Execute a Program: the execvp() System Call

The created child process does not have to run the same program as the parent process does. The exec type system calls allow a process to run any program files, which include a binary executable or a shell script. On this page, we only discuss one such system call: execvp(). The execvp() system call requires two arguments:

  1. The first argument is a character string that contains the name of a file to be executed.
  2. The second argument is a pointer to an array of character strings. More precisely, its type is char **, which is exactly identical to the argv array used in the main program:
    int  main(int argc, char **argv)
    Note that this argument must be terminated by a zero.

When execvp() is executed, the program file given by the first argument will be loaded into the caller's address space and over-write the program there. Then, the second argument will be provided to the program and starts the execution. As a result, once the specified program file starts its execution, the original program in the caller's address space is gone and is replaced by the new program.

execvp() returns a negative value if the execution fails (e.g., the request file does not exist).

The following is an example (in file shell.c). Click here to download a copy.

#include  <stdio.h>
#include  <sys/types.h>

void  parse(char *line, char **argv)
     while (*line != '\0') {       /* if not the end of line ....... */ 
          while (*line == ' ' || *line == '\t' || *line == '\n')
               *line++ = '\0';     /* replace white spaces with 0    */
          *argv++ = line;          /* save the argument position     */
          while (*line != '\0' && *line != ' ' && 
                 *line != '\t' && *line != '\n') 
               line++;             /* skip the argument until ...    */
     *argv = '\0';                 /* mark the end of argument list  */

void  execute(char **argv)
     pid_t  pid;
     int    status;

     if ((pid = fork()) < 0) {     /* fork a child process           */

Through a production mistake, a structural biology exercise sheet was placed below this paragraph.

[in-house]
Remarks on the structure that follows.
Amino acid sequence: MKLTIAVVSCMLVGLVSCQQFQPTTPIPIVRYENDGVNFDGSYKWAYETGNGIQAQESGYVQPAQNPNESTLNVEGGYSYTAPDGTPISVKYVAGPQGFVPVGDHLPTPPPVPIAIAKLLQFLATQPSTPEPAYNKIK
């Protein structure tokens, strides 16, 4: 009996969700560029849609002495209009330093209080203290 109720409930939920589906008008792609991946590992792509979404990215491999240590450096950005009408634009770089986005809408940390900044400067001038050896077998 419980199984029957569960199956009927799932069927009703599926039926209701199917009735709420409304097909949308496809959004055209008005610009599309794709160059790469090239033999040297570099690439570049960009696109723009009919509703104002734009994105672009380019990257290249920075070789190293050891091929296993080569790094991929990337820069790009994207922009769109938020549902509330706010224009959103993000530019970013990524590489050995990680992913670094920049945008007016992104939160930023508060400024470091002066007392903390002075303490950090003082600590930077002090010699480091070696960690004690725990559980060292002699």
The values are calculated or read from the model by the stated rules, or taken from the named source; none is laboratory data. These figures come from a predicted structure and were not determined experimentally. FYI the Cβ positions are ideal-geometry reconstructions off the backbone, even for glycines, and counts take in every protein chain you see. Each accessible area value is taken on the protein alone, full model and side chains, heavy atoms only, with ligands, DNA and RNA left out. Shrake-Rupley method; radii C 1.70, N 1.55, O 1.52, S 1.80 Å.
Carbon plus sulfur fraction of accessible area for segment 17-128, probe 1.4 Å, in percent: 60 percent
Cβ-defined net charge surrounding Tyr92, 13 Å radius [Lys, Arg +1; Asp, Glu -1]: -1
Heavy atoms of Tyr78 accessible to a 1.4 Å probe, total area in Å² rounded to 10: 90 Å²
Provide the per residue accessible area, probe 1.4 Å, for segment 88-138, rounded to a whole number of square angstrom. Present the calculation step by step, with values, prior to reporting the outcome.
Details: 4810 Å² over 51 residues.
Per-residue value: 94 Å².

printf("*** ERROR: forking child process failed\n");
     else if (pid == 0) {          /* for the child process:         */
          if (execvp(*argv, argv) < 0) {     /* execute the command  */
               printf("*** ERROR: exec failed\n");
     else {                                  /* for the parent:      */
          while (wait(&status) != pid)       /* wait for completion  */

void  main(void)
     char  line[1024];             /* the input line                 */
     char  *argv[64];              /* the command line argument      */

     while (1) {                   /* repeat until done ....         */
          printf("Shell -> ");     /*   display a prompt             */
          gets(line);              /*   read in the command line     */
          parse(line, argv);       /*   parse the line               */
          if (strcmp(argv[0], "exit") == 0)  /* is it an "exit"?     */
               exit(0);            /*   exit if it is                */
          execute(argv);           /* otherwise, execute the command */

Function parse() takes an input line and returns a zero-terminated array of char pointers, each of which points to a zero-terminated character string. This function loops until a binary zero is found, which means the end of the input line line is reached. If the current character of line is not a binary zero, parse() skips all white spaces and replaces them with binary zeros so that a string is effectively terminated. Once parse() finds a non-white space, the address of that location is saved to the current position of argv and the index is advanced. Then, parse() skips all non-whtitespace characters. This process repeats until the end of string line is reached and at that moment argv is terminated with a zero.

For example, if the input line is a string as follows:

"cp  abc.CC   xyz.TT"
Function parse() will return array argv[] with the following content:

Function execute() takes array argv[], treats it as a command line arguments with the program name in argv[0], forks a child process, and executes the indicated program in that child process. While the child process is executing the command, the parent executes a wait(), waiting for the completion of the child. In this special case, the parent knows the child's process ID and therefore is able to wait a specific child to complete.

The main program is very simple. It prints out a command prompt, reads in a line, parses it using function parse(), and determines if the name is "exit". If it is "exit", use exit() to terminate the execution of this program; otherwise, the main uses execute() to execute the command.